The United States will not bail out European countries if the eurozone economy falls apart under a spiraling debt crisis, Republican White House hopeful Mitt Romney said Sunday.
"We're not going to send checks to Europe. We're not going to bail out the European banks. We're going to be poised here to support our economy," Romney told CBS television's "Face the Nation" program.
He expressed hope that "regardless of what happens in Europe, that our banking sector is able to weather the storm," noting that US banks are on a "much stronger basis" than during the last crisis.
Romney, who is seeking to oust Obama from the White House in a November elections, has accused the president of trying to create a "European-style entitlement society" in the United States.
"I wish that over the last three and a half years that the president would have taken action to rebuild the basis of our economy... get it on such a strong footing that the challenges in Europe if they occur wouldn't have as significant impact as they might otherwise," he said.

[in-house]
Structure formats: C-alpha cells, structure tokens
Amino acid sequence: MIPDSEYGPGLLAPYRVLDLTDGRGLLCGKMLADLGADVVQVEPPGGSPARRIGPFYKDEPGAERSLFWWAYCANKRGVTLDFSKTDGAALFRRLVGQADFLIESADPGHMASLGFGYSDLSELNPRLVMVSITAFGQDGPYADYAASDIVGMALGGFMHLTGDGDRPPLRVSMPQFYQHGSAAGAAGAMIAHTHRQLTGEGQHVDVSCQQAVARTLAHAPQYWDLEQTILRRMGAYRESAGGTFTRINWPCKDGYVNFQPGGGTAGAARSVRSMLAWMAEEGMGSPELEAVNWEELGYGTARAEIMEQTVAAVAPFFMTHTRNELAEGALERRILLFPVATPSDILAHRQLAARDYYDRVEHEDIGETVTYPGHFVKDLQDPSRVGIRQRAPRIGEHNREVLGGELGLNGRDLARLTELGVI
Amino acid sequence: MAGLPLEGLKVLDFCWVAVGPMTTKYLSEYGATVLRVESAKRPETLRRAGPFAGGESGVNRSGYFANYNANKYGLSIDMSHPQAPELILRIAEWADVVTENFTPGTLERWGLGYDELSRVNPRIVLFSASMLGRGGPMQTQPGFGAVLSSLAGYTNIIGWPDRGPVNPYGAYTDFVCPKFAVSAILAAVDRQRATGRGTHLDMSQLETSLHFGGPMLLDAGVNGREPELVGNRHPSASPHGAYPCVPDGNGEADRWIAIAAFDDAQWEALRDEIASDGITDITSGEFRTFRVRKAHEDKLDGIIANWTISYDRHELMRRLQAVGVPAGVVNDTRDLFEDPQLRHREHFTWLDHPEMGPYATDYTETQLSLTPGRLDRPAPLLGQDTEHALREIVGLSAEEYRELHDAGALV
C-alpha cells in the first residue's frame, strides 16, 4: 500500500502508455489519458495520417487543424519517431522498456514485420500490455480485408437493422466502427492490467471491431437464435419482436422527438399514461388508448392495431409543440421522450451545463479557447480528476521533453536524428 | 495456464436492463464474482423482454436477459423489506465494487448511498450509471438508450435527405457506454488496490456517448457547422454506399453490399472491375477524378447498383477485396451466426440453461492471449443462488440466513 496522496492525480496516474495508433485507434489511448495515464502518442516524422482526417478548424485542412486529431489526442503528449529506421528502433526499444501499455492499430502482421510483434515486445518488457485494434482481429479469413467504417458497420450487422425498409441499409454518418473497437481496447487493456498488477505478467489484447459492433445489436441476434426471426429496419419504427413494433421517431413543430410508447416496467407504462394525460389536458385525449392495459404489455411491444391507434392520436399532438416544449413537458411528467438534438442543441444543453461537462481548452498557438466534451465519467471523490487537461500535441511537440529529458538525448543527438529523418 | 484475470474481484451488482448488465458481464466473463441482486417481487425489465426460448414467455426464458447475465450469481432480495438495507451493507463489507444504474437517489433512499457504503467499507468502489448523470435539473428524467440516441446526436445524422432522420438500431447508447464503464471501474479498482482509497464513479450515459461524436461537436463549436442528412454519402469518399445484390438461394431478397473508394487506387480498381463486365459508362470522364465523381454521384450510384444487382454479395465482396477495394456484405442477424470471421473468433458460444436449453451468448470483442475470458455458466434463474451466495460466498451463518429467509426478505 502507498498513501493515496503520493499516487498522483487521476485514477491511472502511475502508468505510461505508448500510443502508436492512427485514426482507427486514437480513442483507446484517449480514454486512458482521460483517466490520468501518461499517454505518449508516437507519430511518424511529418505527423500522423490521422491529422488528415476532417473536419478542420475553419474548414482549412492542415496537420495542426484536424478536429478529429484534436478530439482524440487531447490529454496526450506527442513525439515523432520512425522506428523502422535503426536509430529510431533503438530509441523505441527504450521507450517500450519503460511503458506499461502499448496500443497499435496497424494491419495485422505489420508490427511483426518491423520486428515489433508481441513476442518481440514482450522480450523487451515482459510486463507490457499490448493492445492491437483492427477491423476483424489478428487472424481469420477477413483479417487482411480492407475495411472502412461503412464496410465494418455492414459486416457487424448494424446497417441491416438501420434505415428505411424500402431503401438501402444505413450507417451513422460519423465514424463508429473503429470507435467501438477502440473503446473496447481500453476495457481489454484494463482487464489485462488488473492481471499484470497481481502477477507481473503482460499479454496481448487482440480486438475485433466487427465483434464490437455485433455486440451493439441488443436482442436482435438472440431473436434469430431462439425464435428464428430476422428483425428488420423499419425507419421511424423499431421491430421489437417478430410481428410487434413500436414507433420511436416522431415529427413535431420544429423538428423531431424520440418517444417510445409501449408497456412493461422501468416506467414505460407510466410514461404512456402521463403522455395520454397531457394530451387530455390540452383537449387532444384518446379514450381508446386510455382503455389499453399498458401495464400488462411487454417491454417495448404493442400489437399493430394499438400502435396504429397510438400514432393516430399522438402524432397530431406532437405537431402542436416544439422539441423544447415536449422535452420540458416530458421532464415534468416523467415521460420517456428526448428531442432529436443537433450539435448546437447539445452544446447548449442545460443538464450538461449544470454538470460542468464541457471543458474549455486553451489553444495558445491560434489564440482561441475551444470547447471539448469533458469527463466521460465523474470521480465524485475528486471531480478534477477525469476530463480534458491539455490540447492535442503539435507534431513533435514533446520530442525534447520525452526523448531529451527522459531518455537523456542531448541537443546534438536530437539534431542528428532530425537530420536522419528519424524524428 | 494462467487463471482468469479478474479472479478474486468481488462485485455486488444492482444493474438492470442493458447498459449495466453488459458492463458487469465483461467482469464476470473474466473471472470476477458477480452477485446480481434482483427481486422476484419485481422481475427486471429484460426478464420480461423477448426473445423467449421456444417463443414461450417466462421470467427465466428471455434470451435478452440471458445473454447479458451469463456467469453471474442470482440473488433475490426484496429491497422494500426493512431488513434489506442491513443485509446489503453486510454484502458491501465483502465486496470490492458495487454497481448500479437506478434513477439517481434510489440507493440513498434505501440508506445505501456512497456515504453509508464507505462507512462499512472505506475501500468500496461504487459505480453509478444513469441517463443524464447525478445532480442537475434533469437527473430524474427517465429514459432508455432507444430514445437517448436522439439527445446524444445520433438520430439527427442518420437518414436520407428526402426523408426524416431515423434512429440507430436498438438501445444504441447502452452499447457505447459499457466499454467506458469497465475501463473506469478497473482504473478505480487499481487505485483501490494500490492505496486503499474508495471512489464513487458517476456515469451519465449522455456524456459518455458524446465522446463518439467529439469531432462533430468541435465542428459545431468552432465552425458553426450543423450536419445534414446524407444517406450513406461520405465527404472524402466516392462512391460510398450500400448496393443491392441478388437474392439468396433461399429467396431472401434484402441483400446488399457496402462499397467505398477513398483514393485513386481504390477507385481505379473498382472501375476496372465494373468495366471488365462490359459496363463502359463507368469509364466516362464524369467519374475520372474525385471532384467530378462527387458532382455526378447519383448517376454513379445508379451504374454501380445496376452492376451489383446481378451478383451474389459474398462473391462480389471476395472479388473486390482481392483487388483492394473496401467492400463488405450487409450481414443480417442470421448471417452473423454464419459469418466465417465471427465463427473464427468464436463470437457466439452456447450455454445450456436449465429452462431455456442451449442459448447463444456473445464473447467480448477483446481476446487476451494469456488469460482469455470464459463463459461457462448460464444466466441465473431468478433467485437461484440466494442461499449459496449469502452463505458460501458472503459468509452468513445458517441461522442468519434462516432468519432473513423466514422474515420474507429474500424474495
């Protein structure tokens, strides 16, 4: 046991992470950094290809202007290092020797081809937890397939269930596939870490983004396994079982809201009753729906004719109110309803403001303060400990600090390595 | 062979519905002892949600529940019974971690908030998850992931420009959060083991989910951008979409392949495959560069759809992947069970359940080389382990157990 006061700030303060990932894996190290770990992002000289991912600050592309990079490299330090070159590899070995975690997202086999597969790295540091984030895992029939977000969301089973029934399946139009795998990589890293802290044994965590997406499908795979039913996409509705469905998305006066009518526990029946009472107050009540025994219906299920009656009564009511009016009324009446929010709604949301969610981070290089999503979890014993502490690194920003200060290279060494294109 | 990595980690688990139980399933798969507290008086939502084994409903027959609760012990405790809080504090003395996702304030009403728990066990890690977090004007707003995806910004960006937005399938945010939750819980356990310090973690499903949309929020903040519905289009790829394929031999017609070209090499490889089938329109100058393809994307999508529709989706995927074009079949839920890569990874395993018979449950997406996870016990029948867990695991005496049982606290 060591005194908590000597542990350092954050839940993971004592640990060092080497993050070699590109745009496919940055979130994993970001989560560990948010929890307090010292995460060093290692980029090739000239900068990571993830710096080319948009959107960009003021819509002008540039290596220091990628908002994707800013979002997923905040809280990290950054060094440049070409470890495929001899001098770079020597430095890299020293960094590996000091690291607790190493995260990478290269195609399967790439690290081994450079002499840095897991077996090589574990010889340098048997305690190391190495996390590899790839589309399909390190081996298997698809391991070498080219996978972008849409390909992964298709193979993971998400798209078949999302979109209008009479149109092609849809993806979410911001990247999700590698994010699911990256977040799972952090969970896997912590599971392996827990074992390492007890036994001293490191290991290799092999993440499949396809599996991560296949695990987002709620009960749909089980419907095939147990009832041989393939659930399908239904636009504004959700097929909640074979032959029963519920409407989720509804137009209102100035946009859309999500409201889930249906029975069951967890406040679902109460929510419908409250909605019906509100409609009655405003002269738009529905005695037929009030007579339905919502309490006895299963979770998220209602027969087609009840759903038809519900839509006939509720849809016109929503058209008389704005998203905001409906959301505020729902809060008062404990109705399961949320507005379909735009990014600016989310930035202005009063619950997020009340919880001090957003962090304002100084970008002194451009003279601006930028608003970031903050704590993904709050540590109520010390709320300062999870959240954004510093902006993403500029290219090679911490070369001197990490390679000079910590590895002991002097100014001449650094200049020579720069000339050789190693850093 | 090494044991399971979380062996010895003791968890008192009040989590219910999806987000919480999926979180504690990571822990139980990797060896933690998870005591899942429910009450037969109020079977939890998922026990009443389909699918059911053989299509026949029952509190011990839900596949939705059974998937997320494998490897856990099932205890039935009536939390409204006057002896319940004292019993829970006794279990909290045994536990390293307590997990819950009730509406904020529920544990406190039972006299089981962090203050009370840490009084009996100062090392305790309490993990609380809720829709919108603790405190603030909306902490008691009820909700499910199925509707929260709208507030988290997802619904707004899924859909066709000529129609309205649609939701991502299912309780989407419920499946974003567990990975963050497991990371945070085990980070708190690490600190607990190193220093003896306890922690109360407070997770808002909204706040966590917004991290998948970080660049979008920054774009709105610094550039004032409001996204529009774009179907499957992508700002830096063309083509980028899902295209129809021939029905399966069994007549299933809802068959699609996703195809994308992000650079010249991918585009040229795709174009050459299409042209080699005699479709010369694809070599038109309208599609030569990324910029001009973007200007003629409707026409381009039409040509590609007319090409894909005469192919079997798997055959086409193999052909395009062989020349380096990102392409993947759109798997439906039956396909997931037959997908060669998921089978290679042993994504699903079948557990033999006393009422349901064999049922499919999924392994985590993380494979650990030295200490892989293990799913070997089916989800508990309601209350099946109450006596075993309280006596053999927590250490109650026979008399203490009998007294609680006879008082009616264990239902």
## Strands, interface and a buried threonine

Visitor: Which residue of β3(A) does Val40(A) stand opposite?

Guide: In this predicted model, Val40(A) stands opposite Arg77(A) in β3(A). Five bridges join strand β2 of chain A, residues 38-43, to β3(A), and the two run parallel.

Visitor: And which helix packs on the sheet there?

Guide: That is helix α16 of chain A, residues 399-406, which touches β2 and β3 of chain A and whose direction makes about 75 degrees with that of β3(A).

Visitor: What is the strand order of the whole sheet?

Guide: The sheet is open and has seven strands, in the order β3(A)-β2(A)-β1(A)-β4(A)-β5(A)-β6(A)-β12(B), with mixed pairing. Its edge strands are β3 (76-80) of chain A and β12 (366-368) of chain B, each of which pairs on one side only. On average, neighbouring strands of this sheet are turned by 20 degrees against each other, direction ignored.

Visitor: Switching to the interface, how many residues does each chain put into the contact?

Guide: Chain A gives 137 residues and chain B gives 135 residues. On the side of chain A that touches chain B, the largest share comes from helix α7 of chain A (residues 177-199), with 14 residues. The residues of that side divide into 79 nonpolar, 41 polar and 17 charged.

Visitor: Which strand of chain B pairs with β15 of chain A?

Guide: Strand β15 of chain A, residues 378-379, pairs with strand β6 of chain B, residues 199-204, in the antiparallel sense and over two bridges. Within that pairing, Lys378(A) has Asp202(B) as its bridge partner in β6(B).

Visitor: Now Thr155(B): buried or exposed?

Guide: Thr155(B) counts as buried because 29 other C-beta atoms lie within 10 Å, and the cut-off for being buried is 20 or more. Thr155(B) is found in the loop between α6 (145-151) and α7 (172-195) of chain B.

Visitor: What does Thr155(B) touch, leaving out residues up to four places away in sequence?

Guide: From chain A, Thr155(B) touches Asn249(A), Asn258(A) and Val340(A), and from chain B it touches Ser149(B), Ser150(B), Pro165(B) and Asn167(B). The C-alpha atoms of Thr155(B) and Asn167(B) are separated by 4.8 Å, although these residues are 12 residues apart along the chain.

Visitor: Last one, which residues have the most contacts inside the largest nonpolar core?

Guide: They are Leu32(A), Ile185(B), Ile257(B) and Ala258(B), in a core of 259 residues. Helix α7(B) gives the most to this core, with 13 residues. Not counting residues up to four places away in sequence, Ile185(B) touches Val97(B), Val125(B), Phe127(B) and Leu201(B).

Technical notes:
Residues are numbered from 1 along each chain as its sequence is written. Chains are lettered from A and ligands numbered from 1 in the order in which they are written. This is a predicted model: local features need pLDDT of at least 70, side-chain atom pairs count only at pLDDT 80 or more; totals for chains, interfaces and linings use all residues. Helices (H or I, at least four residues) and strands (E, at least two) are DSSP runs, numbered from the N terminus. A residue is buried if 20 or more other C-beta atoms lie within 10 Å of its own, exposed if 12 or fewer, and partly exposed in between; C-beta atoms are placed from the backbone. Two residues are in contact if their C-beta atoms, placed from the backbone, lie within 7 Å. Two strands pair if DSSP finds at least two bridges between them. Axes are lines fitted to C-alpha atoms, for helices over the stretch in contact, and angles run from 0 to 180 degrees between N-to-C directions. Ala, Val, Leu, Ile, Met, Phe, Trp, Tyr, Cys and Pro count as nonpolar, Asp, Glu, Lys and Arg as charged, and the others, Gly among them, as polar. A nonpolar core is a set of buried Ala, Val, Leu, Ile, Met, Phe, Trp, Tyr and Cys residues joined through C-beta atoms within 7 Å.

"But right now, we're dealing with 23 million people out of work or stopped looking for work or underemployed, homes are still bumping along the bottom, foreclosures are (at) very high levels, median incomes are way down; the president's frankly made it harder for our economy to reboot."
A collapse of the euro currency, or financial spillover that could spook US markets, could move closer after Greece's election on Sunday and has the potential to further weaken the tepid US recovery before Obama seeks reelection.
Romney and other leading Republicans support US government austerity measures to help rein in runaway debt and balance the budget, policies similar to those pushed by Chancellor Angela Merkel of Europe's biggest economy Germany, and that have triggered massive debate and protest in Europe.